CAPE TOWN- Men are still outstripping women by almost four percentage points in creating debt that they are unable to repay.
According to a survey compiled by one of the largest debt counselling companies in South Africa, it was found that of all the applicants that signed up to go under debt review in the second quarter of this year, 52% were men while only 48% were women.
CEO of Debt Rescue Neil Roets said they were showing a year-on-year increase of almost 25% in clients who wanted to go under debt review because they could not pay their accounts.
“There has also been an increase in the number of men and women who had fallen on hard times in the second quarter compared to the first quarter of the year.
“In Q1 the stats from the latest National Credit Bureau Monitor showed that of the 24.68 million credit-active consumers, 9.69 million had impaired credit records showing that they were behind with their repayments,” said Roets.
The survey further found that a total consumer debt has now peaked at R1.71 trillion (latest National Credit Regulator figure) and South Africans are now considered to be one of the most indebted nations in the world by the World Bank.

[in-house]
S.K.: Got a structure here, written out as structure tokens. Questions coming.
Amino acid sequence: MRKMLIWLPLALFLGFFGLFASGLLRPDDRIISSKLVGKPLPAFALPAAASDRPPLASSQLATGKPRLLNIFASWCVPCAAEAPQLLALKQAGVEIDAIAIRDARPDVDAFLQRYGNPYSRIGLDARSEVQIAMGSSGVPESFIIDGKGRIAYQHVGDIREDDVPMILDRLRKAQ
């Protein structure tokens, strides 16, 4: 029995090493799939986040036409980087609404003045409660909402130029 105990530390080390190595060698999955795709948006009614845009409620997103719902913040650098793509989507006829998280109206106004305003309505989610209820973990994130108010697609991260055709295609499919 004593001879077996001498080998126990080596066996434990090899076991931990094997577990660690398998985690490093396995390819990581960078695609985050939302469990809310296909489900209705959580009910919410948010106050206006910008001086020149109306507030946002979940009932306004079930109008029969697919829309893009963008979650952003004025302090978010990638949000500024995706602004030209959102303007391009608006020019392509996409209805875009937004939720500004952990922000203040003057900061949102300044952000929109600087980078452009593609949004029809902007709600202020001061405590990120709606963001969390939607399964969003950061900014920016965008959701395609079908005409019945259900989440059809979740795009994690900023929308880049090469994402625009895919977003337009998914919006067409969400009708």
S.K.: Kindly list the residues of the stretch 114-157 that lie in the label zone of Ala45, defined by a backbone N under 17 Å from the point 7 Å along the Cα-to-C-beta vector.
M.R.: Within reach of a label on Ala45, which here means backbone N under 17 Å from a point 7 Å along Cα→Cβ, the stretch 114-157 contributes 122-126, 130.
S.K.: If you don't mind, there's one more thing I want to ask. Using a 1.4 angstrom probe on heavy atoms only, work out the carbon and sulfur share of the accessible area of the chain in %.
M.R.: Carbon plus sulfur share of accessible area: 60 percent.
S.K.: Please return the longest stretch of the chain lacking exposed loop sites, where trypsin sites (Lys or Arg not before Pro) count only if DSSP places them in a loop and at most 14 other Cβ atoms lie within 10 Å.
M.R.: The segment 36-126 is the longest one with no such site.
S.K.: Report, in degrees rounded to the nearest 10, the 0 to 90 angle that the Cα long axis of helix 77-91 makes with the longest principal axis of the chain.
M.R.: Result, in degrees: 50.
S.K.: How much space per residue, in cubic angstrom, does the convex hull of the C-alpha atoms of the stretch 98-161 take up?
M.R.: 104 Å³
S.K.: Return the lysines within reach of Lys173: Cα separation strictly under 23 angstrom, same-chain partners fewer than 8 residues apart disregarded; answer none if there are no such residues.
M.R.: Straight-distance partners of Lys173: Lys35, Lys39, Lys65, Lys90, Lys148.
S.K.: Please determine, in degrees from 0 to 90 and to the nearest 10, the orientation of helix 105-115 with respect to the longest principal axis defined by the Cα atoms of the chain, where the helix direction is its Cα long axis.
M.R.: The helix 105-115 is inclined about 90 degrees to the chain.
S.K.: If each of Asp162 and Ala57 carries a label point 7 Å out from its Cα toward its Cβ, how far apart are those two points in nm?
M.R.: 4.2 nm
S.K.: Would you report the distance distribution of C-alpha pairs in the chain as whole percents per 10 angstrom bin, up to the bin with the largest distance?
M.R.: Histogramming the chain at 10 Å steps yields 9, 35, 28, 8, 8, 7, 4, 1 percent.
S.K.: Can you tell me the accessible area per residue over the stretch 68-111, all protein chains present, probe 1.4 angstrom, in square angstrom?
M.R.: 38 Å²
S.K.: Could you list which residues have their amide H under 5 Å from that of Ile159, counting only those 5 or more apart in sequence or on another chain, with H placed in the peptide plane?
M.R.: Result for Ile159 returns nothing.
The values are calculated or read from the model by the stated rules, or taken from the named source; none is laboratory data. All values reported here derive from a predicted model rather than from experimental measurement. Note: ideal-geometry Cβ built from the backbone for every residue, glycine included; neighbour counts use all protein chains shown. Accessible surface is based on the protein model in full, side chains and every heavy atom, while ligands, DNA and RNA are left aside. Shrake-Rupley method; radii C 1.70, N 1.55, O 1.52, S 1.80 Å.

South African consumers also had one of the highest debt ratios as a percentage of GDP among emerging market economies.
Furthermore, the most prevalent type of debt remained personal loans at 27.99%, closely followed by credit card debt at 23.77%.
Many of these instruments carried extraordinary high interest making it near impossible for indebted consumers to repay them at the originally agreed terms and conditions.
“This is the primary reason why a growing army of men and women are choosing the debt review option which gives them breathing space. It allows them to repay their loans in smaller instalments over a longer period of time,” Roets said.
The 31-45 year-old group also remained the largest sector of consumers who had chosen debt review as their best option of getting out from under their debt burden Roets added.
He said that more people were being forced into debt because they simply could not make ends meet.
“The best advice I can give to my fellow South Africans is to try and live within their means. Avoid store cards and credit cards wherever possible.
“Personal loans are always a bad option because most of the short-term lenders cover their risk of granting unsecured loans by charging very high interest rates.
“You’ve got to ask yourself the question: if I don’t have the money today where is it going to come from in a few months’ time when I have to repay the loan or settle my credit card debt.
“Above all else budget and cut out all items that are not essential. Keeping up with the Joneses is always a bad idea and a good second-hand car is always a better idea that a spanking brand new car out of the box,” Roets said.